Teaching is far more challenging than IT consulting--in all the right ways.
Andrew Stephens, 32, doesn't think of it as his wake-up call. Yet his memory of one meeting remains vivid. Stephens and his team of technical recruiters had a grueling day of interviews looking for IT recruits for Bell Atlantic, and the company wasn't happy with the results.
"We got chewed out and we looked bad; we felt like crap," Stephens says. "When one of us said, 'But we'll still make $100,000 this year!' it launched a discussion around one question: Would you rather do something you love really well--and make $35,000?" His reaction: if I could wake up and feel good, of course I'd do the $35K.
He was the only one.
So despite his two years at Andersen Consulting's change-management practice and the lucrative IT recruiting he took up after leaving the firm, Stephens walked away from it all. He hasn't had a moment's regret.
He's found something he loves: teaching middle school math at St. Stephen-St. Agnes School in Alexandria, Va. It's anything but glamorous, but Stephens' four sections of seventh-graders keep him on his toes. "I'm intellectually challenged more often," he says. "Flexibility is a real strength in teaching; in corporate America, it's more common to find people who are highly structured."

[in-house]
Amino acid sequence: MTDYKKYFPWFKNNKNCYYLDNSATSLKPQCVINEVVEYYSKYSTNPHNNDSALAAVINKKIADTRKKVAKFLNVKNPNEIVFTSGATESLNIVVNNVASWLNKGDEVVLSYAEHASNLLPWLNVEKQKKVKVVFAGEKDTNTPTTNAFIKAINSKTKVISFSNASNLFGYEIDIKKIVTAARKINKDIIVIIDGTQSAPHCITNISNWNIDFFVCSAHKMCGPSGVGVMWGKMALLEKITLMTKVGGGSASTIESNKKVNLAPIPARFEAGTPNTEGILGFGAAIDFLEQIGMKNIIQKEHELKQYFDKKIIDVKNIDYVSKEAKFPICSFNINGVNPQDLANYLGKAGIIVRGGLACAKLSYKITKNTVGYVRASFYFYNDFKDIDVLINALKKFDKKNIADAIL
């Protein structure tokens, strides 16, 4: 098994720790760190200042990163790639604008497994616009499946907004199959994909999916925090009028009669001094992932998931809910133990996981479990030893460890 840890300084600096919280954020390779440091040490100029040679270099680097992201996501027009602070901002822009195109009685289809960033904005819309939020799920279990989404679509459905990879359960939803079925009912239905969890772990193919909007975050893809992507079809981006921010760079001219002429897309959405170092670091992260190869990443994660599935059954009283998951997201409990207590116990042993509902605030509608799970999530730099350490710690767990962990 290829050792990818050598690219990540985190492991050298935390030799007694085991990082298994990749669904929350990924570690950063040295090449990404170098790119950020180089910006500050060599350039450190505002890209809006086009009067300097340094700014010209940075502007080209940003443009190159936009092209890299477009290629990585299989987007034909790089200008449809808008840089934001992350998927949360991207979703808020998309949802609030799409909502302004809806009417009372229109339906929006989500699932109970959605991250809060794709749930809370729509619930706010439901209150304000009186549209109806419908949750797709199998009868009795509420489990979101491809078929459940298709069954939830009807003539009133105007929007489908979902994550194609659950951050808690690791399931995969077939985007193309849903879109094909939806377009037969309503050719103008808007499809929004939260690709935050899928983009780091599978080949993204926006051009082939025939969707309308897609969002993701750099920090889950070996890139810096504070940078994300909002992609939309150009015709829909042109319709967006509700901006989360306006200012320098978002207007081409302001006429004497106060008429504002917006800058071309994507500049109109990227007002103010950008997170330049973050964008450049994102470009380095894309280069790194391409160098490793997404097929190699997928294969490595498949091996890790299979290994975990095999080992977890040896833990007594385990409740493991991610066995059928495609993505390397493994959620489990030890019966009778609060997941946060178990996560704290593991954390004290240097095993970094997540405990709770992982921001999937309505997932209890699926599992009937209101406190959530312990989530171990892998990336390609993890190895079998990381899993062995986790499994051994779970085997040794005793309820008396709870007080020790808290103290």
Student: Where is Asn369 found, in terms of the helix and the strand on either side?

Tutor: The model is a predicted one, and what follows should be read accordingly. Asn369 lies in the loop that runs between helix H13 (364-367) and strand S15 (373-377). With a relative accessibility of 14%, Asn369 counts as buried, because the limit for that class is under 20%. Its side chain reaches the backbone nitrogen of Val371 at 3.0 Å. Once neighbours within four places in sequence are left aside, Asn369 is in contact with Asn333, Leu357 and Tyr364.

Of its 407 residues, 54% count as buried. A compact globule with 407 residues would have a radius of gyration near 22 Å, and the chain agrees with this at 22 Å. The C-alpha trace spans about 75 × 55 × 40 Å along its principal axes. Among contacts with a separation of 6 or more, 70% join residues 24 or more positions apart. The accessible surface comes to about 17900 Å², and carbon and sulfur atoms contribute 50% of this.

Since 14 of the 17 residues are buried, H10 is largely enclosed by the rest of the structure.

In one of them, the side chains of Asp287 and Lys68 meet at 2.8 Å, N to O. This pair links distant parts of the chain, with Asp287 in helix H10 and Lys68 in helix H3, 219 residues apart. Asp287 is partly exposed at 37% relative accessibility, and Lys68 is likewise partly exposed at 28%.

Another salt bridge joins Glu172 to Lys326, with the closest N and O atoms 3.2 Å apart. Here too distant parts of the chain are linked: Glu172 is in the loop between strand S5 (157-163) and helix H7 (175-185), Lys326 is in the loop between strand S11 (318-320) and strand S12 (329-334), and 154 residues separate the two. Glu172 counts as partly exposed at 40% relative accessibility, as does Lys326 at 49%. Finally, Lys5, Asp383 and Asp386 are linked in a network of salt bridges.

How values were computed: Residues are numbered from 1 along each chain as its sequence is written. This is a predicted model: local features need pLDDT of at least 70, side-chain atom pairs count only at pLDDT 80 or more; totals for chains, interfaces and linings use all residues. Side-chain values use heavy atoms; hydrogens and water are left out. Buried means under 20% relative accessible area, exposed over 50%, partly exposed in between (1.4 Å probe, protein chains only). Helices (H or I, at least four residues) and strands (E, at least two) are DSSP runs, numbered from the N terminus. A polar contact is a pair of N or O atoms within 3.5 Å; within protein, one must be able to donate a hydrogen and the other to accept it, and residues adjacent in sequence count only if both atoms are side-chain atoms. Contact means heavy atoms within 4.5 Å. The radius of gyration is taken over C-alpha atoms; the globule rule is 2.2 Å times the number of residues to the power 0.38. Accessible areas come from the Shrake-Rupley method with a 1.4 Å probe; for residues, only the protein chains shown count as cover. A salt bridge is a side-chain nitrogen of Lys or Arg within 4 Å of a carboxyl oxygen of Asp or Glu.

Even though there was financial pressure to stay in IT, the money wasn't enough to make him overlook the workplace culture. At Andersen, he was put off by what he calls a lack of authenticity. "People weren't themselves--they put up a front and create an image," he says. "For example, if you're in tech support, you're supposed to know all the answers. It's a real CYA mentality."
He's had to give up certain things. His downsizing cost Stephens, among other things, his "cool apartment in the city--but it's not that big a deal," he says. He does some tutoring on the side to bring in what he calls his play money. "I'm a totally different person," he says. "I will never go back to IT."
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